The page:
In certain additional instances, the pesticide composition further comprises an antioxidant. Suitable antioxidants include, but are not limited to, Vitamin E, Vitamin A palmitate, ethoxyquin, propyl gallate, butylated hydroxyanisole (BHA), butylated hydroxytoluene (BHT), and combinations thereof.

Surprisingly, the biopolymer imparts a “crushing” or “tensile” strength which is higher than the prior art formulations. This advantageous property extends the shelf-life and thus prolongs the stability of the pesticide compositions.

V. Methods of Making

In one embodiment, the present invention provides a method of making a pesticide composition comprising:

    • (a) preparing a pesticidal agent on a solid carrier;
    • (b) premixing water, a surfactant, and a biopolymer to form an aqueous premix;
    • (c) dispersing the pesticidal agent on a solid carrier with the aqueous premix to form a dispersed mixture;
    • (d) adding a plaster of paris to the dispersed mixture to form a slurry; and
    • (e) molding the slurry to form the pesticide composition.

In certain aspects, the compositions of the present invention are made by preparing a pesticidal agent (such as S-methoprene) on a solid carrier (such as carbon) such as by spray drying S-methoprene onto carbon particles. Next, water, a surfactant such as a nonionic ethoxylated alcohol, and a biopolymer such as a biopolymeric gum, are mixed to form an aqueous premix. Suitable surfactants for use in the present invention include, without limitation, a nonionic ethoxylated alcohol, an ethoxylated substituted phenol, and a mixture thereof. Thereafter, the S-methoprene on carbon particles is dispersed within the aqueous premix to form a dispersed mixture. Plaster of paris is then added to the dispersed mixture to form a slurry. The slurry is then molded to form the pesticide composition. Typically, an amount of water in the range of about 25 to about 50% by weight of the composition can be present in the wet mix before molding.

In still other aspects, the present invention provides aqueous dispersions and emulsions such as, for example, compositions obtained by diluting the formulated product with water.

In further aspects, the biological activity of the active ingredient can be increased by including an adjuvant. An adjuvant is defined herein as a substance which can increase the biological activity of an active ingredient but is not itself significantly biologically active. The adjuvant can either be included in the formulation as a co-formulant or carrier, or can be added to the formulation containing the active ingredient.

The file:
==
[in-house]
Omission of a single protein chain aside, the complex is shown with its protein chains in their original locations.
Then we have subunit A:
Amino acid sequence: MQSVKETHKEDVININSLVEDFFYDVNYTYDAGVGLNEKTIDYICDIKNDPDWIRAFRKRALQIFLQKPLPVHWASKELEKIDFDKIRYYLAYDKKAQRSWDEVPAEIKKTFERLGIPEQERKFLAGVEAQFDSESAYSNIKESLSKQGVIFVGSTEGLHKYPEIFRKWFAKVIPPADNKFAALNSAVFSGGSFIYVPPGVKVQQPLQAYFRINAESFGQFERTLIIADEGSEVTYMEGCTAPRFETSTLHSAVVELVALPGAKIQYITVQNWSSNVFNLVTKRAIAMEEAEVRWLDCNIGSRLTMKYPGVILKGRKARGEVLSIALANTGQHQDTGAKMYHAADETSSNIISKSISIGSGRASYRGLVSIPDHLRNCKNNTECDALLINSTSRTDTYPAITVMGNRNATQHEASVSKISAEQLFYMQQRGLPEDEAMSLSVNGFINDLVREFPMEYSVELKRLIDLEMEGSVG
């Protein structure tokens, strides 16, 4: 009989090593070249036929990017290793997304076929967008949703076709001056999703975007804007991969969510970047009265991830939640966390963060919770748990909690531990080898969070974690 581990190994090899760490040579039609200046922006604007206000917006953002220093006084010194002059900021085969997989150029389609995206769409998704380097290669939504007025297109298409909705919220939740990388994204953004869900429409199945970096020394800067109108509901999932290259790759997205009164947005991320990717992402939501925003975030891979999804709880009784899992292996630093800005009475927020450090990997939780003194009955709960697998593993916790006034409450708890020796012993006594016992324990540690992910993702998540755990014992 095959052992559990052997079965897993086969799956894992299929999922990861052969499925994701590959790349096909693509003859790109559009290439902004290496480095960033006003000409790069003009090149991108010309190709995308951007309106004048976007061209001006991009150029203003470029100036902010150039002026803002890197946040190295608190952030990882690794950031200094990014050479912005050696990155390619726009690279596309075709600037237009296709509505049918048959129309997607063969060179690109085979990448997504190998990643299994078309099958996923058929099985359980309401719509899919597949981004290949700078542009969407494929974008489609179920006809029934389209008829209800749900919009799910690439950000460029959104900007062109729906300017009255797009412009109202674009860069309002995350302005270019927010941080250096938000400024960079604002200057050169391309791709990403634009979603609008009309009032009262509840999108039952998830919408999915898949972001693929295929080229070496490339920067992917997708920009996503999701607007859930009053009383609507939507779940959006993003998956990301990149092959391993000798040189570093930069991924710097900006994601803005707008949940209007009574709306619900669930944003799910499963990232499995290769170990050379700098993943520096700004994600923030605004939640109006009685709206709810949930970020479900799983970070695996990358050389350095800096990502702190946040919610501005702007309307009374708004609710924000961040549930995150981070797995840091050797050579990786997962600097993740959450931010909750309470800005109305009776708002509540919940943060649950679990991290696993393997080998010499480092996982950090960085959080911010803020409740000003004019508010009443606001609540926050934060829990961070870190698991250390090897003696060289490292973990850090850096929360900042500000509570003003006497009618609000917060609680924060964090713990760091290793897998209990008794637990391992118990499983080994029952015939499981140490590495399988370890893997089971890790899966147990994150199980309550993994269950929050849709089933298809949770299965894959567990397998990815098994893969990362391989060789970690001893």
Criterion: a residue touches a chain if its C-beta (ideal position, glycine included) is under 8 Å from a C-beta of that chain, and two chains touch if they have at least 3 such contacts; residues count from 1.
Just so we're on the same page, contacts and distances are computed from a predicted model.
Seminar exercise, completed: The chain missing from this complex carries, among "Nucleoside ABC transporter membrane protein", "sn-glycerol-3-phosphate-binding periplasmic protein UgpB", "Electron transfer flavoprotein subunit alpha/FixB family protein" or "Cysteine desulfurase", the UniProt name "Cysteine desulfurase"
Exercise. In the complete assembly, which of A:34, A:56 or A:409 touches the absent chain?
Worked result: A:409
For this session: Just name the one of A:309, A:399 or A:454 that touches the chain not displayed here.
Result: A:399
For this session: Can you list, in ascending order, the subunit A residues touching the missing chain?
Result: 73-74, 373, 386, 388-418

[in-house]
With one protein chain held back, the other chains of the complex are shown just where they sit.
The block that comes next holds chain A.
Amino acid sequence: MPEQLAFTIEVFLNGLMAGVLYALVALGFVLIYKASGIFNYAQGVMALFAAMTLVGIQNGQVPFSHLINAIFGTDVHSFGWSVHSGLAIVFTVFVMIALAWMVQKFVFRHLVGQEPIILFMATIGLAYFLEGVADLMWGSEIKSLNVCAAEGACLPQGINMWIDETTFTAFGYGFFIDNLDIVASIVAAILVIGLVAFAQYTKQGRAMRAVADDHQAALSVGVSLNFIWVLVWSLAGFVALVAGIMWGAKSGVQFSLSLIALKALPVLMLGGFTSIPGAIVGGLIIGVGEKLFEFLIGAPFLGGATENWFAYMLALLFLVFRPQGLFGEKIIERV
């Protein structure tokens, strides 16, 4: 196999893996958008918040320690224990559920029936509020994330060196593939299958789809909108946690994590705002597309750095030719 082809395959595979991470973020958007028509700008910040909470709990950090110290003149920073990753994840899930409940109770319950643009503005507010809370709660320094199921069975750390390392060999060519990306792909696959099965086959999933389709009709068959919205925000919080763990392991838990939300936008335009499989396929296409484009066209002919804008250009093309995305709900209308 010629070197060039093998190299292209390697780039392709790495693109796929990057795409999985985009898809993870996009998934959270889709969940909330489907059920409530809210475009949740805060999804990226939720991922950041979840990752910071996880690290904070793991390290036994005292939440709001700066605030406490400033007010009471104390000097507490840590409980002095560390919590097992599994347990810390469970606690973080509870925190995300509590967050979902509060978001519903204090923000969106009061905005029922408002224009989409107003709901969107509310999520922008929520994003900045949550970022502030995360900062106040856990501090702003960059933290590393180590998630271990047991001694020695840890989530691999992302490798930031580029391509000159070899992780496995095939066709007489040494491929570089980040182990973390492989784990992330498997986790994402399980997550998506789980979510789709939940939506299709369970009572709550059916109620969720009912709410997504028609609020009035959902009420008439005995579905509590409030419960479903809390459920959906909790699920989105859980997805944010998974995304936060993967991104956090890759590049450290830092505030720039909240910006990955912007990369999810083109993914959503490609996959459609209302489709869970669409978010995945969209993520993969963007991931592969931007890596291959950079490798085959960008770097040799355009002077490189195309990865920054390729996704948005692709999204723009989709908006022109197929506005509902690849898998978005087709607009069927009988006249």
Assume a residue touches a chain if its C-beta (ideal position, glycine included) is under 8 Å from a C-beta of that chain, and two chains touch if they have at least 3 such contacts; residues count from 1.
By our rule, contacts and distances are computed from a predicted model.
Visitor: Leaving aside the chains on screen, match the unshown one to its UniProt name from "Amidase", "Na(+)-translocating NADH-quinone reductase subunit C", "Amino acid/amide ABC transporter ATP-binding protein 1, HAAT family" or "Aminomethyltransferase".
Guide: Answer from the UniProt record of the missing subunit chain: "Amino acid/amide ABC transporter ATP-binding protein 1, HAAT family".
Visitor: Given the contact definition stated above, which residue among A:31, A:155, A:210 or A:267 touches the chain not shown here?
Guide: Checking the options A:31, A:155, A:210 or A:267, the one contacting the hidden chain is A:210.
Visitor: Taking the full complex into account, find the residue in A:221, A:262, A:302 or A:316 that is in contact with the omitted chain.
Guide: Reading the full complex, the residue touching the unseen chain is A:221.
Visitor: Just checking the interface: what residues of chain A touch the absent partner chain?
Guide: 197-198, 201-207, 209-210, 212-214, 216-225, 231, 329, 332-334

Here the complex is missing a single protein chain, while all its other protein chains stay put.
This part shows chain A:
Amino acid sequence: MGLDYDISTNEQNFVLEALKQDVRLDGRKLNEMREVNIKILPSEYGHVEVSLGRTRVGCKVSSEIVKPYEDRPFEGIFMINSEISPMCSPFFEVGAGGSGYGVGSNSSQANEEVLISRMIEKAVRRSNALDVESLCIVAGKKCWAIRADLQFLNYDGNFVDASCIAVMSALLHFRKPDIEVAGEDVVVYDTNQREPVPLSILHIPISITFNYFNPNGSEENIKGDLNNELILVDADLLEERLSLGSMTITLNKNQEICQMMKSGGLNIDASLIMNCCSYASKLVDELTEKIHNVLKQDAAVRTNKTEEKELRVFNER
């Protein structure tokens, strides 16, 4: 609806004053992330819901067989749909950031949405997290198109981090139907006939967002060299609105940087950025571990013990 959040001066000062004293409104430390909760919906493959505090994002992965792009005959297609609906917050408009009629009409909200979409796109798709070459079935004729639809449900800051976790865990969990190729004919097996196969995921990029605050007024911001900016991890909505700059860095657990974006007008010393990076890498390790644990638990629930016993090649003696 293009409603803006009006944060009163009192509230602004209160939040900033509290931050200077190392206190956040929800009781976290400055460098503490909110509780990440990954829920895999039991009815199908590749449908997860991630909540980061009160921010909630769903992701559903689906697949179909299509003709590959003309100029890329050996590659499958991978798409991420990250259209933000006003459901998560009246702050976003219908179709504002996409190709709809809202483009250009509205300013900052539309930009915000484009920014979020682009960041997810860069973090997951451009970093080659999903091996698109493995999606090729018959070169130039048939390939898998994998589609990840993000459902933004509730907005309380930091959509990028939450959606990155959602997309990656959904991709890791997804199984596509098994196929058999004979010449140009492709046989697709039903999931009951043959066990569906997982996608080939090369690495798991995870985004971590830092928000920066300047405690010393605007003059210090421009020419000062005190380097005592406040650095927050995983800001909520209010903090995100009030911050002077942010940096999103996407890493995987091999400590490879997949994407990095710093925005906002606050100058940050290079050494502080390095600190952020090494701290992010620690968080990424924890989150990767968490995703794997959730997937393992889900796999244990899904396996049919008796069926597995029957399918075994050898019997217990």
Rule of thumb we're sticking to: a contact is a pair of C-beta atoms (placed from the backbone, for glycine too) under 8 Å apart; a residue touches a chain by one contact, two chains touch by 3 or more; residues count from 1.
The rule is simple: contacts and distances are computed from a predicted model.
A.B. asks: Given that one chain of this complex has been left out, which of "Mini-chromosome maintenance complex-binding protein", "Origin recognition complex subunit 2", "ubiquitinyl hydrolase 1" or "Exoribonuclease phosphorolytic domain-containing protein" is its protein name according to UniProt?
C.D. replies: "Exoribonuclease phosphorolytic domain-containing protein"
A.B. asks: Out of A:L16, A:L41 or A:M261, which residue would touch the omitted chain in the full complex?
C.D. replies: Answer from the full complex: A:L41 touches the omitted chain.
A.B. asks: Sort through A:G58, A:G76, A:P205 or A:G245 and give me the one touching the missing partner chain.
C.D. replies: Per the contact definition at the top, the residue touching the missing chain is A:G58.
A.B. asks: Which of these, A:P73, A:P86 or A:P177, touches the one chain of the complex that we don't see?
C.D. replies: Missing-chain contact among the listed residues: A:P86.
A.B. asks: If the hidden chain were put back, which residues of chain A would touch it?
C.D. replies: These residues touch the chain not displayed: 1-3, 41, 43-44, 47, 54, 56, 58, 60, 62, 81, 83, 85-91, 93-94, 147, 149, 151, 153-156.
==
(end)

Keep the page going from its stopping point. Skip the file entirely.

VI. Uses

The control of insect populations can be maintained over varying time frames, depending on the insect season and the surface area and composition of the object distributed in the environment. Protection can be maintained for as little as 5 to 30 days and for as long as 150 days. An object having from 10 to 20 grams of material can provide pest control for 30 to 80 days. A pest control means object having from about 25 to 40 grams can provide a controlling amount of pest control agent for 80 to 150 days.

The pest control means (e.g., an ingot shaped methoprene composition unit) can be applied to a site at a rate of about 100 to 600 means per acre, preferably about 300 to 500 means per acre, and more preferably about 400 to 450 means per acre. Commonly, the spacing of the pest control means at the breeding site can be about 1 to 30 feet between briquets, preferably about 5 to 25 feet, and more preferably about 7 to 12 feet. The even distribution of the briquet can be important in controlling mosquitoes through likely breeding territories where the topography is substantially unknown. In certain areas where the topography is more familiar, such a uniform distribution scheme is not absolutely necessary. In large areas of known topography where substantial water accumulates, it is important to introduce a sufficient number of the pest control means to provide a pest controlling amount of pesticide to the water. However, the pest control means do not have to be uniformly distributed.

The pest control means can be distributed into the environment by hand, from ground vehicles or boats, by helicopter or other aircraft, or by any other means insuring a fairly even distribution of the pest control means into the environment. The pest control means of the invention can be distributed into any environmental location which is seasonally flooded or contains standing water during a substantial portion of the season. Typical wetland areas which can be treated using the pest control means of the invention are seasonally flooded basin or flat sites typical of woodland areas having few aquatic plants or grasses. Such sites generally are flooded during the wetter periods of the temperate season. The pest control means can also be used in any of a variety of other wetland areas such as, for example, inland fresh meadow areas that contain standing water for greater periods of time during the year and are commonly characterized by the presence of reeds, canary grass, or other plants common in a wetter environment; inland shallow fresh water marshes that are commonly muddy throughout the growing season with about 6 inches of water, commonly characterized by the presence of cattail ranks and grass across geographically depressed areas; inland deep water, fresh water marshes that commonly have water all year round, with pockets of open water permitting submerged aquatic plants to grow, and can have as much as six inches to three feet of water permanently present; inland open fresh water such as game lakes that commonly have fresh water present at depths of greater than 10 feet, and can be characterized by depths free of vegetation, while vegetation is commonly present in the shallows or at the water edge. The pest control means can be used in any of the above wetland areas in order to control pest populations. Mosquitoes, for example, are most commonly produced in areas that are seasonally flooded or where the water depth fluctuates.